The enemy shall not exact on him; nor the son of wickedness afflict him.
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EXPOSITORY (ENGLISH BIBLE)Exact.—This meaning is possible, and is supported by the LXX. and Vulgate, “shall not get profit.” There may be an allusion to Deuteronomy 15:6, but perhaps it is better to take the verb in the same sense as the Hebrew margin of Psalm 55:15, “shall not surprise him;” Symmachus has, “lead him astray.”Matthew 18:25, Matthew 18:28. Then it is used to denote oppression, or subjugation, which is the idea here. The enemy shall not be suffered to act the part of one who rigidly exacts the payment of a debt; that is, he shall not be allowed to oppress him.
Nor the son of wickedness afflict him - This is copied almost literally from 2 Samuel 7:10. The phrase "the son of wickedness" means simply the wicked. He shall not fall into the hands, or under the power of wicked men.Not exact upon him; not conquer him, or make him tributary. Or, shall not deceive or circumvent him, as this word is used, Genesis 3:13 2 Kings 18:29.
Afflict him, to wit, so as to overthrow or destroy him. Matthew 13:39, the implacable enemy of Christ and his church; and yet, notwithstanding all his enmity and malice, he could not "exact", or get more inflicted on him, than the law and justice of God required of him, as the sinner's surety; or could not "exact" a tribute of him, or make him tributary to him; or, in other words, conquer him, and subject him to him: so far from it, that he was conquered by Christ, and all his principalities and powers spoiled; or could not "deceive" him, in which sense the word (b) is sometimes used; and so the Targum here: though he deceived Eve, he could not deceive the Messiah, the seed of the woman; he tried it, in person, by his temptations in the wilderness, and by his agents and instruments, the Scribes and Pharisees: but in vain, and to no purpose; he could not succeed:
nor the son of wickedness afflict him: at least not always: he was indeed afflicted, as by wicked men, and by Satan the wicked one, yet not so as to be overcome by any; and as Christ personal, so Christ mystical, or his church and people, are afflicted by the sons of wickedness; yet, sooner or later, they are delivered out of all their afflictions. Antichrist, that man of sin, and son of perdition, that wicked one, that is eminently so, and may be well called "the son of wickedness", has long and greatly oppressed the people of Christ, and his interest; but he shall not always; he shall be destroyed with the spirit of his mouth, and with the brightness of his coming, 2 Thessalonians 2:3. This passage is applied to the Messiah by the Jews (c).The enemy shall not exact upon him; nor the son of wickedness afflict him.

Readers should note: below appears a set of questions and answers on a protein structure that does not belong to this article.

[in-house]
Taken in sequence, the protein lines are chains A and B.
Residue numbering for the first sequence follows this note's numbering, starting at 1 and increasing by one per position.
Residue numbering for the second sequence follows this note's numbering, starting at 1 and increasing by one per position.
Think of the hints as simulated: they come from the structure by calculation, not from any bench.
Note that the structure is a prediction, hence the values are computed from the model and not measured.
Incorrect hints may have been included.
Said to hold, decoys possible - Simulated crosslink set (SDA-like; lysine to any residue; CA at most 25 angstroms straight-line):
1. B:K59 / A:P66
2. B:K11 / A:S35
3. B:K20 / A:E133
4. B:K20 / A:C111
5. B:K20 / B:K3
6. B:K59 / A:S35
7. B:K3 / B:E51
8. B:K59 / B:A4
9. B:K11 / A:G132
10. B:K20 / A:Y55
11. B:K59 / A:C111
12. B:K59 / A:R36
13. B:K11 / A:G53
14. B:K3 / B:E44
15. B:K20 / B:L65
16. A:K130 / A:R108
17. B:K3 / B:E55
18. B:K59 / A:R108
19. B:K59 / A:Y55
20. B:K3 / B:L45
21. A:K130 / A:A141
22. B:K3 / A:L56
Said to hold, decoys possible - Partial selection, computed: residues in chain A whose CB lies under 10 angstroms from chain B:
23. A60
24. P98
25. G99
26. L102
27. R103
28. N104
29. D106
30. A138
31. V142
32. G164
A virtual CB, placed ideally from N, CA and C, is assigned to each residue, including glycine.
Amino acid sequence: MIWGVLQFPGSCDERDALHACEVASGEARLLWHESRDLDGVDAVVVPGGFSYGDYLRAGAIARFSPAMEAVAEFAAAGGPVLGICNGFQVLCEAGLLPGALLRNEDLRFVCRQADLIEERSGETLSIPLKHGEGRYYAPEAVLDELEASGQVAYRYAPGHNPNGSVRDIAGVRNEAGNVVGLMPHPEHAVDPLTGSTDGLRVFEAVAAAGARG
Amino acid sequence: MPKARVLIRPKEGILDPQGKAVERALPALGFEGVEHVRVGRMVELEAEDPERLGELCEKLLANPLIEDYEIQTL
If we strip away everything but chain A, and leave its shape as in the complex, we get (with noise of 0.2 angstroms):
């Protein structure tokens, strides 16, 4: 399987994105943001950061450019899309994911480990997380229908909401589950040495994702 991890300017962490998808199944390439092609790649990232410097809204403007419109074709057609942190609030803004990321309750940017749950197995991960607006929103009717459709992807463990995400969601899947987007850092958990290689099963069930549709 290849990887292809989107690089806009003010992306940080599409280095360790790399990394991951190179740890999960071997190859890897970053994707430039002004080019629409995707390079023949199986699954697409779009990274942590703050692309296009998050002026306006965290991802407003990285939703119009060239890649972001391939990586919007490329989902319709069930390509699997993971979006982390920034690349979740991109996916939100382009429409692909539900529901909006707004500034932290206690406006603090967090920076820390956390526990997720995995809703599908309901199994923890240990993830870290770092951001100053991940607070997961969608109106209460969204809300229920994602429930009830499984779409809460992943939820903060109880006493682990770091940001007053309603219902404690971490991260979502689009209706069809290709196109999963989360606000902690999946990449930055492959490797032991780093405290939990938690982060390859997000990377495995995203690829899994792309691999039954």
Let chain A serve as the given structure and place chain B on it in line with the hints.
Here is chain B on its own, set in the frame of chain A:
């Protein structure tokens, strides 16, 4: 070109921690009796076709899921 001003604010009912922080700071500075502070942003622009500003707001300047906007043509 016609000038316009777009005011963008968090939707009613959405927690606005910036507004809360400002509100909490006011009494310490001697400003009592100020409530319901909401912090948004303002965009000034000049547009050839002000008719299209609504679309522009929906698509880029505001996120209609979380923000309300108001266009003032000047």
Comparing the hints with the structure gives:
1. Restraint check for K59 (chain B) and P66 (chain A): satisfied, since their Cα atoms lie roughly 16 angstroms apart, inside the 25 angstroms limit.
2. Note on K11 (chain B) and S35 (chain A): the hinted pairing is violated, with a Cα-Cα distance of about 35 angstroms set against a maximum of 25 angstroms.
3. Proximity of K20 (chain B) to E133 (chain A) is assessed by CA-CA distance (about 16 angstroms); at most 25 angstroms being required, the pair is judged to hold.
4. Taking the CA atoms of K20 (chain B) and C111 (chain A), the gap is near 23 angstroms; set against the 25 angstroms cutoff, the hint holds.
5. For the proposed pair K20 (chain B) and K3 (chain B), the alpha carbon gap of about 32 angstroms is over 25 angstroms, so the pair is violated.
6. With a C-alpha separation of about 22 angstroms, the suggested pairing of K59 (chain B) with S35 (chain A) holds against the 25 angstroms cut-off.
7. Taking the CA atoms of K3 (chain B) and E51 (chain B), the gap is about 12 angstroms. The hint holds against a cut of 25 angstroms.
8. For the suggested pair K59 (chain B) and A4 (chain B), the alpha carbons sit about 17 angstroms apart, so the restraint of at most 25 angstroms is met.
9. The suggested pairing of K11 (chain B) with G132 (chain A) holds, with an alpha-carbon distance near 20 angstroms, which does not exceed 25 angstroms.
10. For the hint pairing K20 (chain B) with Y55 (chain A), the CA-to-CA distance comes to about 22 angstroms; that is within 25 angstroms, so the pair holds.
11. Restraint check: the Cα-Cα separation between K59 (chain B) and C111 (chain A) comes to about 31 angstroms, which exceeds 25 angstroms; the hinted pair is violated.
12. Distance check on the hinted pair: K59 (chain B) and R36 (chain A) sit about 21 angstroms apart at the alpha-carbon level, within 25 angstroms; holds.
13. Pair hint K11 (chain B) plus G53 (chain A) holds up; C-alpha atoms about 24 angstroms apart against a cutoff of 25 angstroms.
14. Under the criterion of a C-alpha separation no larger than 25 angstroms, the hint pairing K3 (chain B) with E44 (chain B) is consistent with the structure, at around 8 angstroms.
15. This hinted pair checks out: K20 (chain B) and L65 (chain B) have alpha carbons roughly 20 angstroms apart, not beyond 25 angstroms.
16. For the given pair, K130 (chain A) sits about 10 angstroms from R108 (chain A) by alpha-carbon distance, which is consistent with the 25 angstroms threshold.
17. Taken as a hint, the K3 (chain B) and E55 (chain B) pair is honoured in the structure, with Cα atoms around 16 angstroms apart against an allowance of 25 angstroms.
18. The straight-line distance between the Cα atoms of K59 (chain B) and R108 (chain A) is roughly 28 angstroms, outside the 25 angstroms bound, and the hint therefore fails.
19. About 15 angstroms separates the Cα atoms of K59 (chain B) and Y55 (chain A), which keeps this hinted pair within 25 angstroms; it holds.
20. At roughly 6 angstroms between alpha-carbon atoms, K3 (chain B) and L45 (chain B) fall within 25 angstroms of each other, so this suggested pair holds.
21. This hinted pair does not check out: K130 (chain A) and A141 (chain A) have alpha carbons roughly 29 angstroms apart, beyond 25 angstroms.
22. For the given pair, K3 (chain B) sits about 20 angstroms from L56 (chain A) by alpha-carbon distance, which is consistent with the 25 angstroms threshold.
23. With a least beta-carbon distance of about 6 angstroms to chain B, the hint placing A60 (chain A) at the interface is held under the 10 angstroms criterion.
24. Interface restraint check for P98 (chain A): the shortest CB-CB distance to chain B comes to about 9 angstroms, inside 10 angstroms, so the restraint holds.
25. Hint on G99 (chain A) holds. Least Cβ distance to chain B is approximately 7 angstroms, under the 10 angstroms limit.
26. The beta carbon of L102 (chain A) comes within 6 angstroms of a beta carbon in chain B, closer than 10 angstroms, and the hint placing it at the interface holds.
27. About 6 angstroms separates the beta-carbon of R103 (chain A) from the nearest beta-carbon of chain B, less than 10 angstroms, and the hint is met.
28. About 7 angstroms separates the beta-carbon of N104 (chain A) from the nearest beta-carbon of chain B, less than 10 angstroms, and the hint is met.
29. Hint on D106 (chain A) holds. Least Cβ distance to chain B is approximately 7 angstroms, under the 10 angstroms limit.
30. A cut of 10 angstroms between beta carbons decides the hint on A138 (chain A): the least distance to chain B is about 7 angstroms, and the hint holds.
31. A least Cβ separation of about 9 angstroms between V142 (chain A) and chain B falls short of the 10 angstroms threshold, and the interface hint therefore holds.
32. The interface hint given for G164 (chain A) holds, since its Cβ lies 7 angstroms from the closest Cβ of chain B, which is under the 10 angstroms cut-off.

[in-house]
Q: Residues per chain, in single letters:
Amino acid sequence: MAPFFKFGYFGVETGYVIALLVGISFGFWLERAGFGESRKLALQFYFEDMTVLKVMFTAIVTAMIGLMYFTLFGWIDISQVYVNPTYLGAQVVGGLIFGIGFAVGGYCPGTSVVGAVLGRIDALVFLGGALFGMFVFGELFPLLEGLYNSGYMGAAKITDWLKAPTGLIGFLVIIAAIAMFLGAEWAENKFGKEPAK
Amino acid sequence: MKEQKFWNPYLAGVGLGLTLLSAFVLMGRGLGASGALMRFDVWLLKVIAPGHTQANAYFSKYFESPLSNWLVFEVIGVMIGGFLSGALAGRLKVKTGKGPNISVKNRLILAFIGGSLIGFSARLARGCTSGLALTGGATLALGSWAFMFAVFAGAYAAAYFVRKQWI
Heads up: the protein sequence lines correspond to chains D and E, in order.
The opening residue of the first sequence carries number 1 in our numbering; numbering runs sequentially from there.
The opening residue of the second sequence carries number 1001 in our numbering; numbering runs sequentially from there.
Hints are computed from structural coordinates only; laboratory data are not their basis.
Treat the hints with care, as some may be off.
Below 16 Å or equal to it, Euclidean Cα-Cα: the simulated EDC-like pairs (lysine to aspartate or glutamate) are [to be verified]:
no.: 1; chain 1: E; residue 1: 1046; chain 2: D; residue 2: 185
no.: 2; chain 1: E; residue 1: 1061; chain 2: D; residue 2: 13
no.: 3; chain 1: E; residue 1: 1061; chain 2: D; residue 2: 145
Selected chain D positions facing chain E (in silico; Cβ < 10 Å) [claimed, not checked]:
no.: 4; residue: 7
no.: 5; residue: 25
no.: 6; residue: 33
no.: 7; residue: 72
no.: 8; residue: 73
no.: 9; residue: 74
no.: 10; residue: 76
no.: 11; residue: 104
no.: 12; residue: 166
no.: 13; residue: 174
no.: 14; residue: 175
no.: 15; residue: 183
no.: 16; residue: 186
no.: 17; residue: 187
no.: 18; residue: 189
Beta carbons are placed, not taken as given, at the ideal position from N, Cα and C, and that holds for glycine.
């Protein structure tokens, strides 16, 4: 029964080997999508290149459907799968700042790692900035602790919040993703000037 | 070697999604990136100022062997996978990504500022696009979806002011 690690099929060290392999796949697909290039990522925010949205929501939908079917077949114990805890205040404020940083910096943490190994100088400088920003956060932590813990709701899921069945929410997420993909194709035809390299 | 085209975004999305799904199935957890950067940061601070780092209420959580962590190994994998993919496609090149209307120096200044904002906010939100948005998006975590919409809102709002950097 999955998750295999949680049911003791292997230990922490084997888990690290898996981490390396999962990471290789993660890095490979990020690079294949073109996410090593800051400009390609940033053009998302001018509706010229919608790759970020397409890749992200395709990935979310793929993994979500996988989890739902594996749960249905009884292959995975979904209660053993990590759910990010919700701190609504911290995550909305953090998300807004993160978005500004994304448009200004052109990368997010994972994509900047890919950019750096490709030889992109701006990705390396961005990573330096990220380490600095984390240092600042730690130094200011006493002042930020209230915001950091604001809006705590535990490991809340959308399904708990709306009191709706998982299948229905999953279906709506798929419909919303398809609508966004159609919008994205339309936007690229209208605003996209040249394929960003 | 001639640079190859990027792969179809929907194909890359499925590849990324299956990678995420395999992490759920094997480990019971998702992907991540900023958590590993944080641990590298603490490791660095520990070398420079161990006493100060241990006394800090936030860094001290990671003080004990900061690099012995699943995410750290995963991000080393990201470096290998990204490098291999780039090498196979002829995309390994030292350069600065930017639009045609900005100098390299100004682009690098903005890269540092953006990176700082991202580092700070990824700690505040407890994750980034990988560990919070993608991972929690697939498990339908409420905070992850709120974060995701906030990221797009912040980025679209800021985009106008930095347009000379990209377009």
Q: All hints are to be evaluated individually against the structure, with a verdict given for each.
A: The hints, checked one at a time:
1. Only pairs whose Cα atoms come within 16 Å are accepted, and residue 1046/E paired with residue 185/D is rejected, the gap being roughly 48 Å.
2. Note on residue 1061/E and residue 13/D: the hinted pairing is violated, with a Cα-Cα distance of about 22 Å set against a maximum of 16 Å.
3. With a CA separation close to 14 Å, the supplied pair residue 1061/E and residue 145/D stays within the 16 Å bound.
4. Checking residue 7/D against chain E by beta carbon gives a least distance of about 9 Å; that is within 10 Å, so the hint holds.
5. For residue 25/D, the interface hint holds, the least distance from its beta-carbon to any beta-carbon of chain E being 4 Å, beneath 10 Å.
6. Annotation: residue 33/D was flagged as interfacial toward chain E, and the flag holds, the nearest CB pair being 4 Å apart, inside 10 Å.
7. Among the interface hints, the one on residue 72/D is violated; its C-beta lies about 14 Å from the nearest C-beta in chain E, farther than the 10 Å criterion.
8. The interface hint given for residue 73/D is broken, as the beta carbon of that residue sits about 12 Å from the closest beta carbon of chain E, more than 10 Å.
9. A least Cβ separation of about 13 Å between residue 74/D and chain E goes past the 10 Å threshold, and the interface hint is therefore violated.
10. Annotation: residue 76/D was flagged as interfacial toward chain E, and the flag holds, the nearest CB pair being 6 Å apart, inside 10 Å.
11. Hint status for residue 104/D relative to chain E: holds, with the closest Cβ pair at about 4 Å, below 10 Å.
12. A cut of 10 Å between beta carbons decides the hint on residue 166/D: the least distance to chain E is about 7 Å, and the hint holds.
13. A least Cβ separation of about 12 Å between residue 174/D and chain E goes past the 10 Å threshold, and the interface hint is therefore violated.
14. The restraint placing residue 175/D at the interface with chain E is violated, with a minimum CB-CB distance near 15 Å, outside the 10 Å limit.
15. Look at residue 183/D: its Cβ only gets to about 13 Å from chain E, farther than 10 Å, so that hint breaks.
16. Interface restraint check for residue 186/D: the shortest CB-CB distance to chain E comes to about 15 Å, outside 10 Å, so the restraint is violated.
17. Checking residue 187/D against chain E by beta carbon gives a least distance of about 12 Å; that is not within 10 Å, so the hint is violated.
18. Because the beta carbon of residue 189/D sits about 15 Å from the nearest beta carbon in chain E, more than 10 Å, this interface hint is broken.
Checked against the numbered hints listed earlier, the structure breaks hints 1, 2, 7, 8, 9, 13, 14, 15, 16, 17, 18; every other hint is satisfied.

EXEGETICAL (ORIGINAL LANGUAGES)22. shall not exact upon him] Shall not oppress him as a creditor oppresses a debtor. But the sense is doubtful, and the word probably means surprise him, fall upon him unawares, as in Psalm 55:15.
nor the son of wickedness afflict him] The phrase is taken from 2 Samuel 7:10, where however it is applied to the people.Verse 22. - The enemy shall not exact upon him; nor the son of wickedness afflict him (see 2 Samuel 7:10, which has supplied the very words of the second clause). Psalm 84:5). תּרוּעה is the festive sound of joy of the mouth (Numbers 23:21), and of trumpets or sackbuts (Psalm 27:6). This confirmation of the blessing is expanded in Psalm 89:17-19. Jahve's שׁם, i.e., revelation or manifestation, becomes to them a ground and object of unceasing joy; by His צדקה, i.e., the rigour with which He binds Himself to the relationship He has entered upon with His people and maintains it, they are exalted above abjectness and insecurity. He is תּפארת עזּמו, the ornament of their strength, i.e., their strength which really becomes an ornament to them. In Psalm 89:18 the poet declares Israel to be this happy people. Pinsker's conjecture, קרנם (following the Targum), destroys the transition to Psalm 89:19, which is formed by Psalm 89:18. The plural reading of Kimchi and of older editions (e.g., Bomberg's), קרנינוּ, is incompatible with the figure; but it is immaterial whether we read תּרים with the Chethb (Targum, Jerome), or with the Ker (lxx, Syriac) תּרוּם.
(Note: Zur Geschichte des Karaismus, pp. קפא and קפב, according to which, reversely, in Joshua 5:1 עברוּ is to be read instead of עברם, and Isaiah 33:2 זרענוּ instead of זרעם, Psalm 12:8 תשמרנּוּ instead of תשמרם, Micah 7:19 חטאתנוּ instead of חטאתם, Job 32:8 תביננּוּ instead of תבינם, Proverbs 25:27 כבודנוּ instead of כבודם (the limiting of our honour brings honour, - an unlikely interpretation of the חקר).)
מגנּנוּ and מלכּנוּ in Psalm 89:19 are parallel designations of the human king of Israel; מגן as in Psalm 47:10, but not in Psalm 84:10. For we are not compelled, with a total disregard of the limits to the possibilities of style (Ew. 310, a), to render Psalm 89:19: and the Holy One of Israel, (as to Him, He) is our King (Hitzig), since we do not bring down the Psalm beyond the time of the kings. Israel's shield, Israel's king, the poet says in the holy defiant confidence of faith, is Jahve's, belongs to the Holy One of Israel, i.e., he stands as His own possession under the protection of Jahve, the Holy One, who has taken Israel to Himself for a possession; it is therefore impossible that the Davidic throne should become a prey to any worldly power.
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